The potential reason for this continuing debate is man’s desire to exonerate himself of blame for his behavior.  If certain behavior, such as a predisposition for drinking or smoking is related to genetics, then the person cannot be blamed for his behavior.  After all, it’s human instinct to protect oneself.  Unfortunately for these people, however, the conclusion of most scholarly work is that while genes provide the bases of our behavior, without certain environmental impacts, these predispositions will remain untouched.  As Ridley reminds us, “these genes are at the mercy of our behavior, not the other way around.”[8] What’s also interesting is that the genes themselves allow the brain to learn.  Without the genes, we wouldn’t be able to adapt to situations, or to allow our environment to affect us.  How strange that environment and genes are closely connected in this circle. 


            While anthropologist Fraz Boas tried to convince that world that environment was the sole contributor to human behavior, scientific research has shown that to not be true.  In fact, our behavior is shaped by a combination of genetics of environmental influences. Neither can function on its’ own, and neither can influence us on its own.  While the debate still continues, and scientific research will continue to be done, we should operate on the assumption that we are complicated creatures that require more than one stimulus.  It would be easier to believe that our surroundings are responsible for our behavior, but at least a portion of it must be contributed to inheritance.  Thus, the debate continues…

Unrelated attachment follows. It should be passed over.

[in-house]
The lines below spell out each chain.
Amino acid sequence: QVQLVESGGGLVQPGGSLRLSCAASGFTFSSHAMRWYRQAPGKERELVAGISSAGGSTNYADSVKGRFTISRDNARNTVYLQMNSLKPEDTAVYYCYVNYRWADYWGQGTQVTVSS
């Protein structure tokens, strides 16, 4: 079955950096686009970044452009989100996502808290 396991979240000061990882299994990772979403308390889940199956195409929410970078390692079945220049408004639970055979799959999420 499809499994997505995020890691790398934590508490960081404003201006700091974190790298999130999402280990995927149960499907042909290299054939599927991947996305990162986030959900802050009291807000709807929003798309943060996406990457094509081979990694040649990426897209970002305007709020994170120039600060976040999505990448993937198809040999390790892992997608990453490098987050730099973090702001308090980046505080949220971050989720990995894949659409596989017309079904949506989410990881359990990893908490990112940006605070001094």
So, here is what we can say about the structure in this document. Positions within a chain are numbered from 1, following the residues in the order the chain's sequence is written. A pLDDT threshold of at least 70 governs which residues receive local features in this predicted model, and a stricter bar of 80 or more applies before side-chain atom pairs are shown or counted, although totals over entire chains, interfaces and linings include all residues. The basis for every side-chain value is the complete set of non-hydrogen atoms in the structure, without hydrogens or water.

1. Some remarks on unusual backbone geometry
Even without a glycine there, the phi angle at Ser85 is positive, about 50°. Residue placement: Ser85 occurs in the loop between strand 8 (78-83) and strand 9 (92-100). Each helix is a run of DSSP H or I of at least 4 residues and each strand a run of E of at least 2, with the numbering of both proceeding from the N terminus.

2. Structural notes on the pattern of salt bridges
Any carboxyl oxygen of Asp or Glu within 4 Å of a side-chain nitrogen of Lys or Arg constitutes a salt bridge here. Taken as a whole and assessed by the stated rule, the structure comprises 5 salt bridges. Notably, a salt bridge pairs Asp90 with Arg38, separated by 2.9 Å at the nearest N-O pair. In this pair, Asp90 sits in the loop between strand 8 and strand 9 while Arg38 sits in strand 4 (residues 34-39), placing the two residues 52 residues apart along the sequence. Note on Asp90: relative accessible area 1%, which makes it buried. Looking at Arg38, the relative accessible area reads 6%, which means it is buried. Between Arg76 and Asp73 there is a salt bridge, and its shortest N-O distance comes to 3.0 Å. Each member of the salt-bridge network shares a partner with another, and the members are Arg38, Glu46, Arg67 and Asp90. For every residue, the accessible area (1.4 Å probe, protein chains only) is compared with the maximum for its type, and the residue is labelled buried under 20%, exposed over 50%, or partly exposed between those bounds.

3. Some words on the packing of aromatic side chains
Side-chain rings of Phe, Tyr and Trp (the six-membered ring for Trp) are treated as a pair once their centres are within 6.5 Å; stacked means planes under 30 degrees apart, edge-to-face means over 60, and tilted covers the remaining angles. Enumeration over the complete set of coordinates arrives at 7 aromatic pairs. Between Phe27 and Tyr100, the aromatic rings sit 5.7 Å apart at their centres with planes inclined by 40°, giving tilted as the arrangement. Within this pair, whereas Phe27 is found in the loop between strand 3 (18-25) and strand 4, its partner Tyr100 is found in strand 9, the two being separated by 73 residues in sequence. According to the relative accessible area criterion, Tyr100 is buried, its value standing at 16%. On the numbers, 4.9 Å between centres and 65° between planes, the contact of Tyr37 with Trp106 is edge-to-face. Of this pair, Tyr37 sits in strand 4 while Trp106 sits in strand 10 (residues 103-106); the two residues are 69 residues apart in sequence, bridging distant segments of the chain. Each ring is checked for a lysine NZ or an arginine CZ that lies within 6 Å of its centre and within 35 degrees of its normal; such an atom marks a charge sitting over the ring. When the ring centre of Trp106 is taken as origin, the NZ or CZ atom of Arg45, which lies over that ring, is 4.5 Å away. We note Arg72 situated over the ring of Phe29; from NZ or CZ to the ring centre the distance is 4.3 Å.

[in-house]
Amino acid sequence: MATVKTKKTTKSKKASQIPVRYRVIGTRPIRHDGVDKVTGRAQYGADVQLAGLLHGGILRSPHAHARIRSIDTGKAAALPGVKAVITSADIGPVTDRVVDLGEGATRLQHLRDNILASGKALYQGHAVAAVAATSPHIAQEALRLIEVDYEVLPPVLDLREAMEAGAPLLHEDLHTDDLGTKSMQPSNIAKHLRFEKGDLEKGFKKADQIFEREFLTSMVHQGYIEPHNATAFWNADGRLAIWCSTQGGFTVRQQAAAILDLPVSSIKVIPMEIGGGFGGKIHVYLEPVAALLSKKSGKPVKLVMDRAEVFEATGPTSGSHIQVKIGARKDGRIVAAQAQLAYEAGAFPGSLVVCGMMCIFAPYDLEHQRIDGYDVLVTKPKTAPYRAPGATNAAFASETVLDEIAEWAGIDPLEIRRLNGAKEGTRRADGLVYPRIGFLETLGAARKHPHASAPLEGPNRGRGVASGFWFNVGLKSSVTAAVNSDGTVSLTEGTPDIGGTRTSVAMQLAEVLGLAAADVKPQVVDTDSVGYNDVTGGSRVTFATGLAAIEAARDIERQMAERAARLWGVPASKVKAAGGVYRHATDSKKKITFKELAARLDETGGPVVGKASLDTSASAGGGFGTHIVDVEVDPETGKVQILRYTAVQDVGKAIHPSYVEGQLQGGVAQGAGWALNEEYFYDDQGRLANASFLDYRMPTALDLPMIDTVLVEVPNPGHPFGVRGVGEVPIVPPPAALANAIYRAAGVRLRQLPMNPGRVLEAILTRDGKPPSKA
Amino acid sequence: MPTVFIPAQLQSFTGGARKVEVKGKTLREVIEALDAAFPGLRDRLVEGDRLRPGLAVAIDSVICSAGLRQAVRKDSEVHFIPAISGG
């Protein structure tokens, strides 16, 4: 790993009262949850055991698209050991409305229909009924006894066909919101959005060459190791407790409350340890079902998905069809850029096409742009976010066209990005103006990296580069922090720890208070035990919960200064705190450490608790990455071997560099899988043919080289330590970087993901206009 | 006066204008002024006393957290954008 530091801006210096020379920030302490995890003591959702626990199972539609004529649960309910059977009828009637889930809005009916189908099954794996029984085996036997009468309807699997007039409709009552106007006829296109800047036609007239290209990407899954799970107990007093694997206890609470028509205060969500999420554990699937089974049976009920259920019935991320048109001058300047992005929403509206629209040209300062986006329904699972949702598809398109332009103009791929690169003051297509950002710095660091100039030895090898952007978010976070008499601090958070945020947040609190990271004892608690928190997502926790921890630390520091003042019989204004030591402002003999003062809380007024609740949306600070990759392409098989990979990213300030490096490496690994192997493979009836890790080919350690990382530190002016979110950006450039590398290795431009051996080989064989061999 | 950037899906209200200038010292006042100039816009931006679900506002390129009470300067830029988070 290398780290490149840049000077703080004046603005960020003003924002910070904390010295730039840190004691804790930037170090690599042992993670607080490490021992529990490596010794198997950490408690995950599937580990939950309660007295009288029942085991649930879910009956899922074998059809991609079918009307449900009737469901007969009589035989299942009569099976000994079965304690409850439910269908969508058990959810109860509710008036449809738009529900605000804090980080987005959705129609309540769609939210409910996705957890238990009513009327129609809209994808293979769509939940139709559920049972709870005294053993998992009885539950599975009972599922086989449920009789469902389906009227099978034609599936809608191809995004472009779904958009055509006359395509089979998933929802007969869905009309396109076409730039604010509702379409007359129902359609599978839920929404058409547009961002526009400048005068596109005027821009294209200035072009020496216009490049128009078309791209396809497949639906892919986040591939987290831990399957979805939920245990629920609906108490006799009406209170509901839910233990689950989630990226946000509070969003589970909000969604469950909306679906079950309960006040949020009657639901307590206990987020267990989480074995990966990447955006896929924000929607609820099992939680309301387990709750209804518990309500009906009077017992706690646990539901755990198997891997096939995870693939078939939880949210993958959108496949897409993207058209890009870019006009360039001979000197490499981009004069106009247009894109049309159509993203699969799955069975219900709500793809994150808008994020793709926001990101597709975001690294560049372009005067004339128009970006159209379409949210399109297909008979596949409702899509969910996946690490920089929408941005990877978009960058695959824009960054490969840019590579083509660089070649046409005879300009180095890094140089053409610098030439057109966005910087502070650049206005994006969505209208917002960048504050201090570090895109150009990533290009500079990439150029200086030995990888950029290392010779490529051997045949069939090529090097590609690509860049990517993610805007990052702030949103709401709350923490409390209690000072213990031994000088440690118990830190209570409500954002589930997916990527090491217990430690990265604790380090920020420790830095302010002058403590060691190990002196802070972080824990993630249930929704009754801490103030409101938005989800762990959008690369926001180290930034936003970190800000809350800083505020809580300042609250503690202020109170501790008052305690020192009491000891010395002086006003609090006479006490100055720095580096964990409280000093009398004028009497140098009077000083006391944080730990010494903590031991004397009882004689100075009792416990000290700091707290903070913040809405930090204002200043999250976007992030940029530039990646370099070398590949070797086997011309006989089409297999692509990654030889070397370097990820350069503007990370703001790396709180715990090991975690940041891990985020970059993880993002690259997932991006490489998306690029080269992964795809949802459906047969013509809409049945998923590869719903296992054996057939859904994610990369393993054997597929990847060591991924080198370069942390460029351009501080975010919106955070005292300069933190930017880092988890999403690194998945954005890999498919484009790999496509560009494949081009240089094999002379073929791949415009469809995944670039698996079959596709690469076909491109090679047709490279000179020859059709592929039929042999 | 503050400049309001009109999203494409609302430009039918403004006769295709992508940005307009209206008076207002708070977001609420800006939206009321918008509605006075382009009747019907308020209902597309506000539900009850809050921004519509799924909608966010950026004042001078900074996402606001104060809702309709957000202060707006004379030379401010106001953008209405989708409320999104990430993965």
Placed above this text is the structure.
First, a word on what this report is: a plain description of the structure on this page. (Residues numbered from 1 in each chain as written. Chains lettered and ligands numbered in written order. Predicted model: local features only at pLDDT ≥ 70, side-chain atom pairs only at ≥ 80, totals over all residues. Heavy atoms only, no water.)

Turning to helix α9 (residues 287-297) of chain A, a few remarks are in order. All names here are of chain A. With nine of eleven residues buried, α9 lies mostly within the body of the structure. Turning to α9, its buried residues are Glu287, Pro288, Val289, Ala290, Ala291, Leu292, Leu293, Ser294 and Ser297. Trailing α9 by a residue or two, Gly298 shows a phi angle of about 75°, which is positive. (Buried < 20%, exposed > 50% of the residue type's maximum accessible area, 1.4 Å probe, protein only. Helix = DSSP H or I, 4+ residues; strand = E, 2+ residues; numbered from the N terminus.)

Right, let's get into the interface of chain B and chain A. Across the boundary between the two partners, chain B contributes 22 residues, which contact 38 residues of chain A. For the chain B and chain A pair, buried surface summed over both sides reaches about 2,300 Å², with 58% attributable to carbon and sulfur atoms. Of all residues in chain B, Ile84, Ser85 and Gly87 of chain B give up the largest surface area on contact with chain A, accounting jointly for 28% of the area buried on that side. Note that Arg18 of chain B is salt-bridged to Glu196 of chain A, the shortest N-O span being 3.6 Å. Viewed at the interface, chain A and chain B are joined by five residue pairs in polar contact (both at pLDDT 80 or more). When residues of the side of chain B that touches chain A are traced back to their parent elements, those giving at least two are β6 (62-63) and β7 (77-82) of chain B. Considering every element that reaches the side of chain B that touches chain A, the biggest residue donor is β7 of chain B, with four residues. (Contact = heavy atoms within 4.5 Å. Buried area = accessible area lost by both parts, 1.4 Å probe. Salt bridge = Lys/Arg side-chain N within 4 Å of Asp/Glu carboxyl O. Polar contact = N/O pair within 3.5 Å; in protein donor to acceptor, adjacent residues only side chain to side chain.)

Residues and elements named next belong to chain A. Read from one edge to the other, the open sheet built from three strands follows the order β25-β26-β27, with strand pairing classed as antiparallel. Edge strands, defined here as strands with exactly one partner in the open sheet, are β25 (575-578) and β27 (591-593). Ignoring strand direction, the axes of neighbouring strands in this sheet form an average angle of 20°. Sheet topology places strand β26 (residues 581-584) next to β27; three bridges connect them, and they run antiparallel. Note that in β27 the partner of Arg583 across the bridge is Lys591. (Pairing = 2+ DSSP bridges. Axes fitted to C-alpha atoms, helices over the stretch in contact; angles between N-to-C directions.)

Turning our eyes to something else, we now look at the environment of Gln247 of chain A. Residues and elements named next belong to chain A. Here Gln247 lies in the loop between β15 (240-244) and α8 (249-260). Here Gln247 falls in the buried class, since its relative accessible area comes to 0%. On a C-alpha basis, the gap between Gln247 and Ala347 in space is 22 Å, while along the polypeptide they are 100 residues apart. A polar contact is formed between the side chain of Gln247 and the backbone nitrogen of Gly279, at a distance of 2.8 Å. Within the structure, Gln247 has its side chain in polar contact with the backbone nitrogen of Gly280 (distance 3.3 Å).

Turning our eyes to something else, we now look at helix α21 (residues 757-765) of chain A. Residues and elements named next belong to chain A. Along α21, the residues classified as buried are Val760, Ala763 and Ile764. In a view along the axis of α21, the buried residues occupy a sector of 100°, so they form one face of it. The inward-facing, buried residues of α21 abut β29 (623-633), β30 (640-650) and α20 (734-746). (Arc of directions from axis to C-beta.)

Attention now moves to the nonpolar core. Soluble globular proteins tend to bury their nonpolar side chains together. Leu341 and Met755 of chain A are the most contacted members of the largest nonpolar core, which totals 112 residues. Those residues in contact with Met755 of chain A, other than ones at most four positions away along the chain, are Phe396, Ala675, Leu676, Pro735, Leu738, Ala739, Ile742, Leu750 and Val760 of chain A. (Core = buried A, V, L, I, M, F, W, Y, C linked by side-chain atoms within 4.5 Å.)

[1] Bryner, Jeanna. “Nature vs. Nurture: Mysteries of Individuality Unraveled.” Live Science. 19 July 2006.

[2] Ibid.

[3] LeDoux, Joseph. “Nature vs. Nurture: the Pendulum Still Swings With Plenty of Momentum.” Chronicle of Higher Education. 11 December 1998.

[4] Ibid.

[5] Ridley, Matt. “What Makes You Who You Are.” Time Magazine. 25 May 2003

[6] Ridley, Matt. “What Makes You Who You Are.” Time Magazine. 25 May 2003.

[7] Ibid.

[8] Ibid.